Fishpond Chaco Z/2® Sandal features a wrap-around toe loop that keeps your feet locked to...
The variation was initially requested by Frenchman Louis Bouglé, an extremely knowledgeable fisherman and tournament...
From the Swale collection BARBOUR HERITAGE Inspired by Barbour’s affinity with the British countryside, this cotton-rich tee features...
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It was inevitable, of course, that tournament fishing would find its way to fly fishing. Like a cancer that spreads throughout any body when left unchecked, the need to bring competition and testosterone supplements to what was once “the quiet sport” was bound to happen after it got a foothold in conventional tackle. The surprising thing, I suppose, is that it took so long.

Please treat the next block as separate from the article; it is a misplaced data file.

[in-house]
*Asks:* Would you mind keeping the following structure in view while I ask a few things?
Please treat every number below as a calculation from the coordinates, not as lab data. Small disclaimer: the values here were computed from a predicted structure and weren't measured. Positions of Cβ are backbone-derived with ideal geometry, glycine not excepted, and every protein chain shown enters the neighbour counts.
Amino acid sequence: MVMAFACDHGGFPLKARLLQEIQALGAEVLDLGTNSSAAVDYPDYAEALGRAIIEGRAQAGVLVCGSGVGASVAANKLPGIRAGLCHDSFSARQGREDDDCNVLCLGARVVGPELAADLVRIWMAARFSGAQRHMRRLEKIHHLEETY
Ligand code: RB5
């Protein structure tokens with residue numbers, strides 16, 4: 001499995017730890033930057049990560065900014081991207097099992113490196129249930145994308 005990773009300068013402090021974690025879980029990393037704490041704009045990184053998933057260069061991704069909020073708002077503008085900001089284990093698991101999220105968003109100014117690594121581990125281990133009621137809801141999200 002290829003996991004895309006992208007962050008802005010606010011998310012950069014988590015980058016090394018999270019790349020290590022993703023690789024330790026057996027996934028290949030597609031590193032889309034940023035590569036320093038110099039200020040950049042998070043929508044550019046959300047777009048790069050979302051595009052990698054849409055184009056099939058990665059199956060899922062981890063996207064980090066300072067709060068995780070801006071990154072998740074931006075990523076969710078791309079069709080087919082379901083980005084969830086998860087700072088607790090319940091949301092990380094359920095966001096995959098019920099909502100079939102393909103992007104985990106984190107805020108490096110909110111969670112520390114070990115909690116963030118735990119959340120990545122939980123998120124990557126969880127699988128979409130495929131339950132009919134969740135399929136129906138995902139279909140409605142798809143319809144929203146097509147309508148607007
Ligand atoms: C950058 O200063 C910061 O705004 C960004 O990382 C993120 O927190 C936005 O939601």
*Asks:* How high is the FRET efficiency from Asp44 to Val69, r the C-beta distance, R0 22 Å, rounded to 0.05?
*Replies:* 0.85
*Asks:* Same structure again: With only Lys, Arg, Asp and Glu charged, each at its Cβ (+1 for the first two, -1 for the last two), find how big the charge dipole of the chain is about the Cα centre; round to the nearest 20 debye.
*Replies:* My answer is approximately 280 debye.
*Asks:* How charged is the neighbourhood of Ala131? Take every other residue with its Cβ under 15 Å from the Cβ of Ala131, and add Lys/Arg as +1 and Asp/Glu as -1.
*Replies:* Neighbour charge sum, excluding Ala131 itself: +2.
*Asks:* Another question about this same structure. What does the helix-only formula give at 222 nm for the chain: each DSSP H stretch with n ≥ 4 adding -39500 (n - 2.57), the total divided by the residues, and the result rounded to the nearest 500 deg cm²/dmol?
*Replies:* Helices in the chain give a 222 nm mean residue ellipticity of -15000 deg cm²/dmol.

Choosing the right gear in today’s crowded marketplace is hard enough as it is without meaningless terminology being thrown in. So, naturally, to combat this, I am going to introduce a brand new term into the nomenclature.
But, if you bear with me, I think it will be worth the ride. Especially since we will bury an existing term in the process.
Fishing lore is filled with tales of “the one that got away.” Fishermen obsess over big fish — both those captured and those lost – and while a good story is never a bad thing, far too many opportunities for big fish end in disappointment. While much of the post-mortem story-telling is apocryphal, it has a strong underpinning in an undeniable truth: Big fish do get away more often than small fry.
Carp are incredibly strong fish and they require stout tackle to bring them to hand. They also are not a dainty, gentlemanly fighter – they are brawlers that will run the angler’s line and leader against the gravel, take them into their backing and into the tag alders.